Razer, Dark Devotion [expanded] (Blind Monkey Records)
Expanded version of of the Sony-propelled release from the melodic-nu-metal crew, who’ve opened for Judas Priest and whatnot in their native Phoenix. Like so many Metal Blade-level non-thrashers, there are tales of brushes with near-fame along their journey, in this case one of the guys touring as second-banana guitarist on such-and-so-guy-from-Mastodon’s overseas tour. They eventually roped in singer Chris Powers, whose Chris Cornell likeness has appeared on Guitar Hero, and blah blah blah, series of not-Ozzy-level connections, leaving our stage set for a real-world review of the final result. Proceeding logically, we must first ask how many bands might be named “Razer” or “Razorr” or “Razzer.” Answer: probably 65 million, the same as the number of years since an asteroid wasted all the dinosaurs. Next, how many minor-league metal bands out there have done a Zep cover (in this case “When the Levee Breaks,” which is as much a staple of polite culture nowadays as Bing Crosby’s version of “White Christmas”) and used a Hot Chocolate song or other disco-funk oldie as their “joke” tune? Answer: probably 22,000, same as the number of species of ants on the planet. But whatever; does Razer experiment with Egyptian modal scales, or put up the dough to fly in a bunch of didgeridoo-playing Aborigines to shake things up, or otherwise do anything to separate their interesting but ultimately same-same hard rock from the bunch of Megadeth-loving amateur teens down the block from you? Nope. So, like they say, next.
Grade: B- [Release Date: 7/19/11]
Hyperbubble, Drastic Cinematic (Bubblegum Records)
San Antonio’s response to Freezepop, Hyperbubble are possessed of a fetish for retro-80s synthpop, which, as a dead art, requires mass tonnage of hype to get any traction. Being from the tech mecca of Boston, Freezepop has always had the advantage, nowadays thriving in their design/video-game day-gigs while Hyperbubble does God knows what to put (pastel day-glo sparkly) bread on the table. They’re a pain in the neck every time they show up in my mailbox: is this a kiddie band, a joke band, etc., or what, and now this, which markets itself as some sort of “cinema” dingbattery; it literally took me 5 minutes to figure out this is a music CD and not some sort of annoying DVD music/art trip, because having totally forgotten about their previous LP Candy Apple Daydreams — the CD I thought was Teletubby kiddie music — Drastic Cinematic comes off as some sort of noir-ish ego-fest trying to shove some silly-ass idea of Culture I Need To Understand down my throat, like I don’t immerse myself in enough deconstructionist hatefulness as it is. Gahh, whatever, instead of their usual Ladytron-wannabe stuff, this time they’ve swiveled their 8-bit Korgs and Casios in the direction of soundtracking for, I dunno, 1980s B-horror films, tabling only 1 or 2 actual tunes in this unwelcome burst of retro-spookypants nonsense. Why am I even talking about this? Simple: because if you’re thinking of trying something like this, don’t.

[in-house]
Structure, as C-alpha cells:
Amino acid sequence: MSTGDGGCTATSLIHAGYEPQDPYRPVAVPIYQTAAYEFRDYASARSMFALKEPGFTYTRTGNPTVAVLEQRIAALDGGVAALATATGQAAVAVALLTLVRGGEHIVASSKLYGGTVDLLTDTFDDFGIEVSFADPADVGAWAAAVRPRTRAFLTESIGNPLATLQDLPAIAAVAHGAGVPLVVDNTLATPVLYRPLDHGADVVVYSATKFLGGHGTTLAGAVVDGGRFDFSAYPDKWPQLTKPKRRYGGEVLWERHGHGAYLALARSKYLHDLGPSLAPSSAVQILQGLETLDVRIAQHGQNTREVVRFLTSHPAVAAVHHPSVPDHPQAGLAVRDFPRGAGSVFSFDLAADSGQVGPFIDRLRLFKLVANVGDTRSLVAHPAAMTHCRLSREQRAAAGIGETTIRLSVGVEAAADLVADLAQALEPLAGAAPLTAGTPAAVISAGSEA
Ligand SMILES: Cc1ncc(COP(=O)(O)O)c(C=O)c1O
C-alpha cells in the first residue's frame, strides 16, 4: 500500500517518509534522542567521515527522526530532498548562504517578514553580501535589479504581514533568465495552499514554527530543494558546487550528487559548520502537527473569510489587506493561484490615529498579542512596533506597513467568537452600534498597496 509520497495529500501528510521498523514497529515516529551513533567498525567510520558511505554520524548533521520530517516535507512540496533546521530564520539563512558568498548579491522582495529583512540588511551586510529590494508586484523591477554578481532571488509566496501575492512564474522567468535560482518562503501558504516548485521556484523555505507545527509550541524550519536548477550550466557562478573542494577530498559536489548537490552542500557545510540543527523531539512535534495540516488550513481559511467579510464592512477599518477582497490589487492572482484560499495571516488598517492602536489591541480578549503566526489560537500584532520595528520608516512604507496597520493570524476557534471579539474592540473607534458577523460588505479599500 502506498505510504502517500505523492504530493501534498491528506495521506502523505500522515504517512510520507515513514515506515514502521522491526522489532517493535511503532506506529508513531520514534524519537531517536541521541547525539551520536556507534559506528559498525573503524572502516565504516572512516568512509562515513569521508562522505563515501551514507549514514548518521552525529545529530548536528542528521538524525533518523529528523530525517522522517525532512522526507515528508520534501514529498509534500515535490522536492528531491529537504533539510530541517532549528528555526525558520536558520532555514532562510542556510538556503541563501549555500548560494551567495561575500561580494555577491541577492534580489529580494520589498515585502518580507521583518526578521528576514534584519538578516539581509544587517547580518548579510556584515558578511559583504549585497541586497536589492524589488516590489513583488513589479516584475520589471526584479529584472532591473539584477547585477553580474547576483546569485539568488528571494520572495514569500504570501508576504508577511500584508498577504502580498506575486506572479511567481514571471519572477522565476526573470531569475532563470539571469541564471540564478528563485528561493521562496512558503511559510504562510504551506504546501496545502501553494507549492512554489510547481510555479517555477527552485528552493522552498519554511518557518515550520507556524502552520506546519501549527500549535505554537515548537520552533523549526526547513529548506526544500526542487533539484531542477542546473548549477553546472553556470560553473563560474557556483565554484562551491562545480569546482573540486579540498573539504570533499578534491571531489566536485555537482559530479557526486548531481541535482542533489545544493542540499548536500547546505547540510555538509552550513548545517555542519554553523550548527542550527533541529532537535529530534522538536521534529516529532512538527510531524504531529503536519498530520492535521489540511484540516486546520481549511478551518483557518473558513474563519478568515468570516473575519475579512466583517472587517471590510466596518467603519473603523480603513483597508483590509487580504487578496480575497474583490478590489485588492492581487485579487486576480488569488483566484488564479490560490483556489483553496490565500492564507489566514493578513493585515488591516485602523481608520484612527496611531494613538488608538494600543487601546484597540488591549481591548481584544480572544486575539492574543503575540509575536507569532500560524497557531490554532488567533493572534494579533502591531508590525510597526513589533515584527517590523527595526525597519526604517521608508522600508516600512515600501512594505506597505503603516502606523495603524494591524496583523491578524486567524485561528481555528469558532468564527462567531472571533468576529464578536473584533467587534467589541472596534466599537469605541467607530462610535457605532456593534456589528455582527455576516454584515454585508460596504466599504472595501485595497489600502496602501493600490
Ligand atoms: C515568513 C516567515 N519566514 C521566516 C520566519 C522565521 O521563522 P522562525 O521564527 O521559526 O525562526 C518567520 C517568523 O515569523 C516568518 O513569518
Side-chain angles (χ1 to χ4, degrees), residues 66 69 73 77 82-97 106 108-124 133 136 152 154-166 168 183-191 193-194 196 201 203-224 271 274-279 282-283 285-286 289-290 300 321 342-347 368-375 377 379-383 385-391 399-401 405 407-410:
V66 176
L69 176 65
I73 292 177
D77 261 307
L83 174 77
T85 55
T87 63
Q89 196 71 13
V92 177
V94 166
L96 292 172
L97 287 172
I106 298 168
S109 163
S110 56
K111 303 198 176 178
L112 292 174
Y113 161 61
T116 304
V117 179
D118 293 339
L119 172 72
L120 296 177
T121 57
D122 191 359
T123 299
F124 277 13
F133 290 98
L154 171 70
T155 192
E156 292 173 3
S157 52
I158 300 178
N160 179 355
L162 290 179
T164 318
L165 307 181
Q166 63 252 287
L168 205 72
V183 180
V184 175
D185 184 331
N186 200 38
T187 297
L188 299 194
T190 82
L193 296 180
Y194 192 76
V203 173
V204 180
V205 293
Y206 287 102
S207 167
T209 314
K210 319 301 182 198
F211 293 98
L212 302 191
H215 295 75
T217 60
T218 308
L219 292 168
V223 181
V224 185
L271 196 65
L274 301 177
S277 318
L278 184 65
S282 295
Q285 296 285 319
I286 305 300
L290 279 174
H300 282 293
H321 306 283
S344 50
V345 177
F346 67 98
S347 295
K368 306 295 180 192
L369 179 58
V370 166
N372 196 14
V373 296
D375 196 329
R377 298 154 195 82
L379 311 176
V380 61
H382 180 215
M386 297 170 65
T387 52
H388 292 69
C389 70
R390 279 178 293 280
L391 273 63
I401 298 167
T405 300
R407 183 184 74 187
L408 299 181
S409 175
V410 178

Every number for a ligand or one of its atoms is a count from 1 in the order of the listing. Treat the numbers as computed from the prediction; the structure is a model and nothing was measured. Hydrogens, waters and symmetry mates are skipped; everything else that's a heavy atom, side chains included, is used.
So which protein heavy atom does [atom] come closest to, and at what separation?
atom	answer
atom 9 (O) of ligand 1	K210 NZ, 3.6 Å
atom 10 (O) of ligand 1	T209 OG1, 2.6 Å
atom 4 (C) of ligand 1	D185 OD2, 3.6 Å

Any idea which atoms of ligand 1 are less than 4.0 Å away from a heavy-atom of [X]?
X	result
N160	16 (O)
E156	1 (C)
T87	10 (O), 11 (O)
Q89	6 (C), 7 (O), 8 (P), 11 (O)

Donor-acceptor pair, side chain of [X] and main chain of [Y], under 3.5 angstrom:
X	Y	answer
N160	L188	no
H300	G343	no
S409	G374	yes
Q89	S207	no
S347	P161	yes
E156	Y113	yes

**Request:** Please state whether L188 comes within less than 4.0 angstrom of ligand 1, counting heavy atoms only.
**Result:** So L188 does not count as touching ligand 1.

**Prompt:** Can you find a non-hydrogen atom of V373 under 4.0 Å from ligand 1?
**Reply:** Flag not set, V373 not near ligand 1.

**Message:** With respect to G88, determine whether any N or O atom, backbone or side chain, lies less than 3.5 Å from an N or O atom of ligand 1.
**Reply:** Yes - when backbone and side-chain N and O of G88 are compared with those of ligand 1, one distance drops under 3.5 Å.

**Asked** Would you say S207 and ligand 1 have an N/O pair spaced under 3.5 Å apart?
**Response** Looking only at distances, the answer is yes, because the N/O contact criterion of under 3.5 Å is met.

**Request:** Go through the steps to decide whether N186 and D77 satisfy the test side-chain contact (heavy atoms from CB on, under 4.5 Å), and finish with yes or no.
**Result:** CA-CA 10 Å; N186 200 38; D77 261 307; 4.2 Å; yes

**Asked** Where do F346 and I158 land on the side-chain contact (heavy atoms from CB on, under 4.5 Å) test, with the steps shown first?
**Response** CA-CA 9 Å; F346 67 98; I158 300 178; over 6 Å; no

Grade: C [Release Date: 6/30/11]
Gillian Welch, The Harrow & The Harvest (Acony Records)
First album in 8 years for the 43-year-old folkie, who became a more prominent strand of the genre’s fiber upon her production and song-slot on the O Brother Where Art Thou soundtrack. We’re looking at a step back in her progression after her getting stuck in an empty void of music she deemed good enough to record, and just point of order, in case you’re not sure, no, it’s not a positive sign when someone can’t come up with a measly 10-odd decent tunes in eight years. And so she and longtime crony Dave Rawlings have gone back to basics, away from the standard jam-band setup of her 2003 LP Soul Journey, back to her idea of basics, meaning a sparse but stout unpluggedness designed for her voice, which is what it would sound like if k.d. lang had a little Janis Joplin hoarseness. Fans who’ll gravitate to this Appalachian, country and blues fricassee mostly seem to like the lone-spotlight Neil Young vibe she proffers, and they’ll dig that the drum kit’s gone. That’s nice and all, but despite the sketchy production of the rockers on Soul Journey, it was more conducive to her ruggedness — either that or the songs on this one all sort of blow; literally nothing on this album grabbed my attention at first listen, which is sort of required in this setting.
Grade: C [Release Date: 6/28/11]
Grieves, Together/Apart (Rhymesayers Records)
Downtrodden hoodie-honky chill-rap of the quality familiar to Rhymesayers repeat customers. The Seattle-based 27-year-old isn’t in either the physical or lyrical weight class to fight his way through these ghetto survival issues, but he’s elegantly eloquent about them, curling his squishy-soft baritone around “Falling From You” when it’s time to get emo, playing the wizened Snoop when it’s time to flash through life-to-now, a blur of baseball cards, beers, double-shifts and shots at the indie-rap title (“Light Speed”). There’s dabbling in Britney-pop in “On the Rocks” and Marvin Gaye vibe used in album closer “Against the Bottom,” but there’s also a harsh psychedelic freakout of mashed rock sounds in “Speak Easy” — obviously the aim here is not to wow rhyme addicts but provide food for thought on the subway ride home. Toward all that, wheels are not reinvented, but at least he doesn’t call in reinforcements until a spot from Brother Ali in “Tragic.”
Grade: B [Release Date: 6/21/11]
The Chain Gang of 1974, Wayward Fire (Modern Art Records)